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Avoid Capital Gains Tax When Selling Property

If you invest in property, capital gains tax (CGT) will raise its head when you’re at your happiest – when you make a profit from the sale of a dwelling.

But there are a couple of ways to make healthy profits from real estate and avoid paying CGT. These include extending or renovating your home and then selling it (making use of the main residence exemption explained below), buying a property through your self managed super fund (SMSF), or renting out your home and then selling it.

If you don’t know already, real estate is exempt from capital gains tax if purchased before 20 September 1985.

Avoid CGT if it’s your main place of residence

You can avoid paying CGT if you sell a dwelling that’s considered you main place of residence. You can only ever have one main residence at any given time unless you’re selling your old main residence and buying another. In this case you’re entitled to an overlap period of six months as long as the new property will be your new main residence, you lived in the old property for at least three continuous months in the 12 months before you sold it and it wasn’t used to produce rent in this same 12 month period. The ATO doesn’t give an exact description of what constitutes a main residence, but gives the following points to consider:

  • You and your family live in the dwelling.
  • Your mail is delivered there.
  • You have your personal belongings there.
  • You’re registered to vote at the property’s address.
  • You have connected a phone, gas and electricity to the property.

If you’ve lived in your home for the whole time you’ve owned it, haven’t rented it out either completely or to a lodger and the land is smaller than two hectares, you’ll get a full exemption on CGT when you sell. This is helpful if you plan to live the renovator’s life: selling your home, moving into another, renovating it and then selling the renovated property. And while you won’t make a rental income if you go down this path, all profits made from the renovation are exempt from CGT.

Avoid CGT when renting out your main place of residence

If you have to move out of your home for whatever reason and choose to rent it out, you may be exempt from some CGT liability under the ‘Temporary Absence Rule’.

What is the rule? If you move out of your home and rent it out, under the law, the property is still treated as your principal residence for a period of up to six years. If you sell the property within this time from you will be exempt from paying CGT if you profit from the sale. You are also exempt from paying capital gains on the income generated from the leasing of the property.

What’s the catch? You will still need to pay CGT on the sale of one of your dwellings.

If you’re moving out of your home and renting it out, you’re going to need somewhere else to live. You will need to elect one of the two dwellings as your principle place of residence and a tax will be applied to the sale of your non-primary property.

Partial CGT exemptions

While avoiding CGT liability altogether may not be possible if you haven’t lived in the property before you rented it out, you can still generally apply for partial exemptions in some circumstances.

You bought a property with the intention of renting it out, but later changed your mind and moved in. If you changed your mind and decided to live in the property you purchased rather than rent it, you’ll be partially exempt from paying some capital gains tax. In this case, the CGT you’ll owe will be worked out by comparing the number of days you lived in the property to the number of days you rented the property.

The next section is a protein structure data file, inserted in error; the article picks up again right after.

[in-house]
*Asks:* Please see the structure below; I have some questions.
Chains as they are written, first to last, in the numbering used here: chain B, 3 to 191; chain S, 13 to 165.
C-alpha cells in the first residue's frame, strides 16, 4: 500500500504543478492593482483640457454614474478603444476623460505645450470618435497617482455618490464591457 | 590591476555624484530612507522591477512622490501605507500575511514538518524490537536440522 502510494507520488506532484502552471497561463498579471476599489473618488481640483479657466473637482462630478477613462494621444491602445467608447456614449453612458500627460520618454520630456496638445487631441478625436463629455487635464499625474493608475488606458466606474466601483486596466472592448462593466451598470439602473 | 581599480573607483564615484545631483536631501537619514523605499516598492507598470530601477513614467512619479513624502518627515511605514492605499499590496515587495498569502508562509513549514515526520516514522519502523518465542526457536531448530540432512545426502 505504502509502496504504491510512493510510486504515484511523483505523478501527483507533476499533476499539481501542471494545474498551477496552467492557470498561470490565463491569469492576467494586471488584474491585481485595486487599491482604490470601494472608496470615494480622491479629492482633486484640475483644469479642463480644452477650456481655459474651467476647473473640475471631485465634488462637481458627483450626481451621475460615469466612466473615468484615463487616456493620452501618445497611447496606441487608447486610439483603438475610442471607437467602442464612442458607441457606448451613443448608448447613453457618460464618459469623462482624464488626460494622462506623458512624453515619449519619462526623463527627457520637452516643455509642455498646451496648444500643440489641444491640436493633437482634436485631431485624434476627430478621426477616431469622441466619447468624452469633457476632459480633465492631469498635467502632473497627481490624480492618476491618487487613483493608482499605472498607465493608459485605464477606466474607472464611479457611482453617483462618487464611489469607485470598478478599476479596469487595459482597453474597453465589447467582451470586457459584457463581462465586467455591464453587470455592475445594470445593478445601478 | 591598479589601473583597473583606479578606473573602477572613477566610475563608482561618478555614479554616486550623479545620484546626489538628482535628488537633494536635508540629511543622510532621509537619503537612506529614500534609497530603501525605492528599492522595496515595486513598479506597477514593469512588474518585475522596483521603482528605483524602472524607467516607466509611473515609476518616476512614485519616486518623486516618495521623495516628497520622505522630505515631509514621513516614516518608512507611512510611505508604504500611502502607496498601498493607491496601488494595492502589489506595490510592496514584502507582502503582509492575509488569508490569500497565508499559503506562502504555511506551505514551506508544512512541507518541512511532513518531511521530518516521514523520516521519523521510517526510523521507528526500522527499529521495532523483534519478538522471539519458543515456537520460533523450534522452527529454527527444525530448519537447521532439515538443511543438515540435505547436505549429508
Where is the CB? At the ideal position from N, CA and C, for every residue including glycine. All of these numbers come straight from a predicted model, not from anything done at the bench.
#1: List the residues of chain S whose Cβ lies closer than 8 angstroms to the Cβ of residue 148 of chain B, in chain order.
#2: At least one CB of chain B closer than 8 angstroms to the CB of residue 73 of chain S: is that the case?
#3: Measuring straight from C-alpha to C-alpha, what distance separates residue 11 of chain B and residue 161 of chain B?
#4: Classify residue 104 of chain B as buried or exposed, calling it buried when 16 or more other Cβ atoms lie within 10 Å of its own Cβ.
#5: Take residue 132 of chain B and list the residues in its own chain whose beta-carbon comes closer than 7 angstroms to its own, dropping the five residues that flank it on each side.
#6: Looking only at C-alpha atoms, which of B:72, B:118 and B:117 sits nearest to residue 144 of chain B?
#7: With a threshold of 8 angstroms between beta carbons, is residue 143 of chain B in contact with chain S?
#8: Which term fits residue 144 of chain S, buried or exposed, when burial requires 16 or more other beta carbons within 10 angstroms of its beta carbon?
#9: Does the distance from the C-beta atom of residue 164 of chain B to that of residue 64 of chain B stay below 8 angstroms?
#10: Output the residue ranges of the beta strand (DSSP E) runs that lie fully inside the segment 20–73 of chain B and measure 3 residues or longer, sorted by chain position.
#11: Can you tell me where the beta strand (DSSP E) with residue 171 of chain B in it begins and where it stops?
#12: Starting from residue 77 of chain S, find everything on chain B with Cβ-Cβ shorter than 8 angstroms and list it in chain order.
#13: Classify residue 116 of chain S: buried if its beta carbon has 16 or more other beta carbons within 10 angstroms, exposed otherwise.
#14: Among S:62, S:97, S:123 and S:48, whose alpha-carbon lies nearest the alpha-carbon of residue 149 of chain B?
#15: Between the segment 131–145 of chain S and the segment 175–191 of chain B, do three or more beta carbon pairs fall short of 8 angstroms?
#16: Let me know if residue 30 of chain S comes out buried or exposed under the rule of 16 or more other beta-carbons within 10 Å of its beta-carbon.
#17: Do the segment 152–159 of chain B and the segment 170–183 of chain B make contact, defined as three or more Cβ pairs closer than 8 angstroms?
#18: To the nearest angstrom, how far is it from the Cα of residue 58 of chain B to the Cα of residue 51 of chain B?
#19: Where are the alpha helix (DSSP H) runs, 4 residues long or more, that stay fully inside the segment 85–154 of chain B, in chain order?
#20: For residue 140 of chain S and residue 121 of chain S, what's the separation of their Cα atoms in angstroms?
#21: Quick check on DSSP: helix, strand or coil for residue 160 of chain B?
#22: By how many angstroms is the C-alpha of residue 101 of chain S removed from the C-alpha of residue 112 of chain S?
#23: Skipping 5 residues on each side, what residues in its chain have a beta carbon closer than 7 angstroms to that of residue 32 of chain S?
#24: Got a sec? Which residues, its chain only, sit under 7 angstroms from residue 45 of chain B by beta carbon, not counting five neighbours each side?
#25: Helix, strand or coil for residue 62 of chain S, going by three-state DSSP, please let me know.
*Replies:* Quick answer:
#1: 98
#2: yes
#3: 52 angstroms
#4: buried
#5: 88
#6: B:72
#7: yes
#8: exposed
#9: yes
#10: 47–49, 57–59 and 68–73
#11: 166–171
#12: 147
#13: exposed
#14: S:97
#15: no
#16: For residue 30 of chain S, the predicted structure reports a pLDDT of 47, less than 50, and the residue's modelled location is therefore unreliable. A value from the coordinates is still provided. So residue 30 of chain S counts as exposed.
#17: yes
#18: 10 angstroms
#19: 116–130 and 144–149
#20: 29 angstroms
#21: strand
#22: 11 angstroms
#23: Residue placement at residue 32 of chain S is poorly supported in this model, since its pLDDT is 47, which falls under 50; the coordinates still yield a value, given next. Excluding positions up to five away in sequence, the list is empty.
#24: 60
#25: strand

Avoid CGT by buying a property through your self-managed super fund (SMSF)

Buying a property through your SMSF is one way you can generate profits from residential real estate for when you retire and avoid paying CGT all in one hit. You use your super fund to purchase the home along with an SMSF property home loan to make up the total. This is then paid off through your super contributions.

If you sell the property once you’ve retired, you’ll pay no capital gains on the property and even if you sell the property while you’re still accumulating your super, this will be taxed at a rate of only 15%. Holding onto the property for longer than a year will effectively drop this rate to 10%.

Buying a property with your SMSF comes with some risks, so you should never attempt it without first seeking professional advice. If you can only afford to buy one property with your super fund then you’ll have a lack of diversification. If you need to sell your property during your pension phase and the property market isn’t performing, you may end up making small capital gains or in rare cases losing out.

Through doing your due diligence you can still invest in property and generate rental returns and capital gains without attracting huge taxes. By focusing on your main place of residency and the temporary absence rule as well as buying property through your SMSF, you can manage to dodge hefty CGT charges. Remember this is general advice, so always seek professional advice before undertaking any of these suggestions.

Get professional advice about your capital gains tax issue

Capital gains tax is a complex area of Australian taxation law, so sometimes you might need an expert to help you deal with these matters.

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Need professional assistance with the sale of your property and Capital Gains Tax? Call Bottrell Business Consultants on 1300 788 491


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